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ATM security


Contact details

Telephone number
+27 (0)11 632 2226


Email
risk.online@fnb.co.za

Card skimming


Contact details

Telephone number
+27 (0)11 632 2226


Email
risk.online@fnb.co.za

Online fraud


Contact details

Telephone number
+27 (0)11 632 2226


Email
risk.online@fnb.co.za

Shoulder surfing


Contact details

Telephone number
+27 (0)11 632 2226


Email
risk.online@fnb.co.za

Identity theft


Contact details

Telephone number
+27 (0)11 632 2226


Email
risk.online@fnb.co.za

Scams


Contact details

Telephone number
+27 (0)11 632 2226


Email
risk.online@fnb.co.za

Lost or stolen cards


Contact details

Telephone number
+27 (0)11 632 2226


Email
risk.online@fnb.co.za

SIM swap


Contact details

Telephone number
+27 (0)11 632 2226


Email
risk.online@fnb.co.za

Guard against scams


Do

  • Forward a of copy scam emails to the internet service provider of where the email originated from e.g. report@yahoo.com
  • Be cautious of company names with web based email addresses e.g. junkmail@yahoo.com, @hotmail.com, @gmail.com, @ymail.com

Don't

  • Don't reply to scam texts or emails.
  • Don't make refunds without first verifying with the bank that the deposit that has been made into your account is
  • Don't give potential buyers/sellers money for anything else except for the item that interests you.
  • Don't expect to be selected as a winner if you haven't participated in the lottery or other competitions.

Phishing scams


What is a phishing attack?

This is a form of fraud where criminals attempt to access your confidential information. This is done either by an email request for information or by luring you to a fake website.

What does a phishing attack look like?

Often the emails indicate you have:

Been a victim of fraud and need to login urgently.

Received money into your account that needs to be confirmed.

Done something that will result in your account being suspended unless you login.

Violated terms and conditions and need to login.

Received a payment that needs to be confirmed.

What have you learnt?

In all instances, the fraudster would pretend to be from a legitimate company (for example the bank), and would ask you to disclose confidential financial and personal information, e.g. passwords, credit card account numbers and ID numbers.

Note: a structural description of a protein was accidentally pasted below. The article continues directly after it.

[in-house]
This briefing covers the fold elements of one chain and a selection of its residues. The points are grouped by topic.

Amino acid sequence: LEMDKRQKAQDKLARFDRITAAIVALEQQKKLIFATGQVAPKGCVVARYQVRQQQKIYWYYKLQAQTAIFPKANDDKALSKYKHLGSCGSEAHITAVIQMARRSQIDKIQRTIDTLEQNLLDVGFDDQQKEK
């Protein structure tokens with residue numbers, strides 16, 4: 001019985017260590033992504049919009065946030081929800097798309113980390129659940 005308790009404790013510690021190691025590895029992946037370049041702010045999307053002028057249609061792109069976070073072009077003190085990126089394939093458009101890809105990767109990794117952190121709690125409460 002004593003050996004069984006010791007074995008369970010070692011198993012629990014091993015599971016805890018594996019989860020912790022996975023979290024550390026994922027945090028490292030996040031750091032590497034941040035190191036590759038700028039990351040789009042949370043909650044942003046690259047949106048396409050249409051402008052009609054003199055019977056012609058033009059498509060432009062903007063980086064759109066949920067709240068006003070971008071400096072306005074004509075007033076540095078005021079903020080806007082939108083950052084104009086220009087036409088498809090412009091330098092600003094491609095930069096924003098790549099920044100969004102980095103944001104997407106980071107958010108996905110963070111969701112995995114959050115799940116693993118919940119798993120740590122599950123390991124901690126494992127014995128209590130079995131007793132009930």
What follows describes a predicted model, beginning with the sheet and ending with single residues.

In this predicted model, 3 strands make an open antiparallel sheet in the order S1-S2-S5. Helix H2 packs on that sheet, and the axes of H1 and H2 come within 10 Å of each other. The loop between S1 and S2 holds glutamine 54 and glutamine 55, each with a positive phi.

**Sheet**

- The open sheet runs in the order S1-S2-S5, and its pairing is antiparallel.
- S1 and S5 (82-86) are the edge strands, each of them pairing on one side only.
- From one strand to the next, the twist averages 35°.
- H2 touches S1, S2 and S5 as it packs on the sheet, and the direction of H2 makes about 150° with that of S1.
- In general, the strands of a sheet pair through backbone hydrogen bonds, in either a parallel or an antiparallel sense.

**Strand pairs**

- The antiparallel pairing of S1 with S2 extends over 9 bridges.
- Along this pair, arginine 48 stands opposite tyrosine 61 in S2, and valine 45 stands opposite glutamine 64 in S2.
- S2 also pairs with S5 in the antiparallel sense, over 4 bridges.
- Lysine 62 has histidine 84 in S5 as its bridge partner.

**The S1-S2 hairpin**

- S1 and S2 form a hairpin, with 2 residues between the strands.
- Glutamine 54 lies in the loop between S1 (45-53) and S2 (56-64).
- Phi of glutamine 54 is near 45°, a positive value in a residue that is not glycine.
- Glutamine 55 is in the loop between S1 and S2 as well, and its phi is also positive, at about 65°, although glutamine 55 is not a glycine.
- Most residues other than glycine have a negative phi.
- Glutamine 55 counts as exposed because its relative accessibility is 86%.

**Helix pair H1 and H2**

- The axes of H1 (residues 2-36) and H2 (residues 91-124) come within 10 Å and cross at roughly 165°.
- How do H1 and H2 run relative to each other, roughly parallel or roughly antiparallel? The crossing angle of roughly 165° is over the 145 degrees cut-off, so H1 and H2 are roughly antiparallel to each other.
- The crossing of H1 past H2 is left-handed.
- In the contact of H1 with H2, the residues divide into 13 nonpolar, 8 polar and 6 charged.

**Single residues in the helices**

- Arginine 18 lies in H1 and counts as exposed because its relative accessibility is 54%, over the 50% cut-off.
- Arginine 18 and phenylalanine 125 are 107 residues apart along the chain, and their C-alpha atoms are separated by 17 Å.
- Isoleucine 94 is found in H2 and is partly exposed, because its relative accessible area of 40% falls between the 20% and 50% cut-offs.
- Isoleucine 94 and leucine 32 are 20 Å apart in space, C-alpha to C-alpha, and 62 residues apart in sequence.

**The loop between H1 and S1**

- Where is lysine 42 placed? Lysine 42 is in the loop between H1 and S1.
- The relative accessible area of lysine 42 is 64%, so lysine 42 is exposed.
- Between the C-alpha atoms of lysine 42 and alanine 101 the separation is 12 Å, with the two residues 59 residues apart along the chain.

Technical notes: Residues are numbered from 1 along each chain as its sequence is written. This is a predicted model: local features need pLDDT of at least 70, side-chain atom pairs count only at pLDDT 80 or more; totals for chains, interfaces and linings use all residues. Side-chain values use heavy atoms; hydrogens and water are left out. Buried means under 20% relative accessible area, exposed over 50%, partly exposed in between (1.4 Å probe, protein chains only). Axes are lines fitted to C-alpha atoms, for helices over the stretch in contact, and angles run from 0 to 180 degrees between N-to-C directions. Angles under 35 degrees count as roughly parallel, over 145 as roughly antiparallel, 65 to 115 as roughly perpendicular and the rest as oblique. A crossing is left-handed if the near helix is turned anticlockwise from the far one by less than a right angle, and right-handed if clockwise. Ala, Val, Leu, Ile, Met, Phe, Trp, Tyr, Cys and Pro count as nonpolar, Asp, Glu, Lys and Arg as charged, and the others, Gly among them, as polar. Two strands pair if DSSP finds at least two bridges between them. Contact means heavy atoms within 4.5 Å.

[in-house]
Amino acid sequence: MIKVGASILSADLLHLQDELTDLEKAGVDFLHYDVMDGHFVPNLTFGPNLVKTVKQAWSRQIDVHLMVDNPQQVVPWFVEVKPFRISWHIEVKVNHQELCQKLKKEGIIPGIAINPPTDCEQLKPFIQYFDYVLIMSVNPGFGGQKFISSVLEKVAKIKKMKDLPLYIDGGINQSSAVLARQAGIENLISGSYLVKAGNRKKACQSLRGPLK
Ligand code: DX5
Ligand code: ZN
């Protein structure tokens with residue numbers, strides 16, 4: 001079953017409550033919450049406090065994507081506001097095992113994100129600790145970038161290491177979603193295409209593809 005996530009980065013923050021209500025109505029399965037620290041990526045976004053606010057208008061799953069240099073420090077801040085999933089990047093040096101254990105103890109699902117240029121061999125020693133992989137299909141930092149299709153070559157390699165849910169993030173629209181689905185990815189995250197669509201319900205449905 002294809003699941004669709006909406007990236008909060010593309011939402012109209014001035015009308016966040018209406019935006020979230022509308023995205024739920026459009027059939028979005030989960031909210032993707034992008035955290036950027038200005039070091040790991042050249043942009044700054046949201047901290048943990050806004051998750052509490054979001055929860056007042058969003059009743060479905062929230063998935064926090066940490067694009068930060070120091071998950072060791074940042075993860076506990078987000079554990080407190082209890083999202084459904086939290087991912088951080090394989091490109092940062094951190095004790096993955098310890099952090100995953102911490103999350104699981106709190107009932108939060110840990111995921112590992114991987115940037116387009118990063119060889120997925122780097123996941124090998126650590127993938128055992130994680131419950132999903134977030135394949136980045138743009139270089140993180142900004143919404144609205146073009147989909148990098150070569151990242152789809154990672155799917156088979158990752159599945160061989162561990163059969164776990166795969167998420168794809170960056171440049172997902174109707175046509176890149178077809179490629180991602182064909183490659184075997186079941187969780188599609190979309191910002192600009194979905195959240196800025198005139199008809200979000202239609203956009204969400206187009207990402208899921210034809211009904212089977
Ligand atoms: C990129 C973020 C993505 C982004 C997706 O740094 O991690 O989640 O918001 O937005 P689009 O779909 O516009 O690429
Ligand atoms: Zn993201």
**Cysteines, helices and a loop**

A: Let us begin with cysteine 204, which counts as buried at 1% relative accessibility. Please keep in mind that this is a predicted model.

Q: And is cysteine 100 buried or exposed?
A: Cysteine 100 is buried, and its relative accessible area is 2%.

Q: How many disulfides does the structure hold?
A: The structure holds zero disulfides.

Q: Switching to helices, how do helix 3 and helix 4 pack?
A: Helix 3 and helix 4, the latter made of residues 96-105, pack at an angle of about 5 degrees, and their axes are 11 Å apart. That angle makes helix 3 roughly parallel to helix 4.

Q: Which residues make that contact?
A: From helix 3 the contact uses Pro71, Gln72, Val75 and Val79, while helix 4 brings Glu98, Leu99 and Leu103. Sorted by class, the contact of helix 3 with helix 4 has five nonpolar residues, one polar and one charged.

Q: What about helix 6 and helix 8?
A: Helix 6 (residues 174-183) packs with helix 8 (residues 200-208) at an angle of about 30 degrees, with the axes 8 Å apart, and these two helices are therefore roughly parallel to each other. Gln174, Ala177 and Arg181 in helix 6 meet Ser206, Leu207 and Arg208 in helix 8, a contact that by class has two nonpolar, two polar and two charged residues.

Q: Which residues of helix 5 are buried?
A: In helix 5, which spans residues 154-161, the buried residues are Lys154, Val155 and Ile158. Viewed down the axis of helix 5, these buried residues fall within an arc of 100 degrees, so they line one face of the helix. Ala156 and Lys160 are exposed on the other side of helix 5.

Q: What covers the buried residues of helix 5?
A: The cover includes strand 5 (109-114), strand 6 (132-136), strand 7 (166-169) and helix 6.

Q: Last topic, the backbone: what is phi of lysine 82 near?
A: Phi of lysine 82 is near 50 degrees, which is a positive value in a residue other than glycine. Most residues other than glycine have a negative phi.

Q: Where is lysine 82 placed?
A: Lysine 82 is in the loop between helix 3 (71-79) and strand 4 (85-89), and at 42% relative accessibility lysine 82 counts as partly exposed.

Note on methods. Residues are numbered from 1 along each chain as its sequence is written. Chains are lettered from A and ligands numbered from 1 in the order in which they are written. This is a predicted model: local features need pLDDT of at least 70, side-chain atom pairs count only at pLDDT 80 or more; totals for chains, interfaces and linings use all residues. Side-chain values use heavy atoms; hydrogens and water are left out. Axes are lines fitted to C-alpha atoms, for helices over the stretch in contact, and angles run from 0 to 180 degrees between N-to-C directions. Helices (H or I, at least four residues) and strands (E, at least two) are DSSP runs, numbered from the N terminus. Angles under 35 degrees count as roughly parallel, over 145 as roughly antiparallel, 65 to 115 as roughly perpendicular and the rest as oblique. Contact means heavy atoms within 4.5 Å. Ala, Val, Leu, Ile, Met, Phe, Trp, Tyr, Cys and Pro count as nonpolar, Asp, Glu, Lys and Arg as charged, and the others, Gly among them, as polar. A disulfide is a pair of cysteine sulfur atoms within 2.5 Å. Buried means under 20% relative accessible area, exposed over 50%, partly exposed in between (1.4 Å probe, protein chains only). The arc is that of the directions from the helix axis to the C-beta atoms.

FNB would never ask for sensitive information via email.

Vishing scams (phishing via voice)


This is phishing, but instead of being lured to a fake website via an email, you receive a call where the individual pretends to be from the bank and gets you to disclose personal information such as your username, password and PIN. Never do this regardless of the information they may already have about you.

FNB would never ask for sensitive information via telephone or any other channels.

Smishing scams (phishing via SMS)


This is phishing through the use of a SMS, whereby you are encouraged to disclose personal information by means of an SMS you receive. In the SMS the fraudster makes it look as though it comes from the bank.

FNB would never ask for your login details (i.e. username and password) via mail, SMS, telephone or any other channels.

419 scam


Advance Fee Fraud (419 scams)

In this scam you generally receive an email promising you money (via inheritance, lotto winning, etc.) or a request to utilise your account for all sorts of reasons.

What makes this advance fee notification fraudulent is that to 'receive' your money or cut of the money you will be requested to pay an upfront fee to assist with the movement of the money. All sorts of reasons are given for the fee, e.g. exchange control fees, customs duty fees, bank charges, etc.

Once you make this advance fee payment they either cease communication with you or convince you to make an additional advance fee payment.

Fake payment confirmation


Fake payment confirmations

This is a common scam where you receive a fake payment confirmation from the 'bank' with the intention for you to release goods to the fraudster.

It is important to use the verify payments facility that FNB offers to verify an FNB payment confirmation. Alternatively, contact the bank to verify a payment.

Beware of cheque deposits into your account that have not been cleared.

Note that transfers from other banks can take up to 48 hours to reflect in your account. Only release goods, etc. once the payments reflect in your account.

The verify payments functionality is found on the FNB website homepage, next to Forgot Username or Password.

The refund scam


The refund scam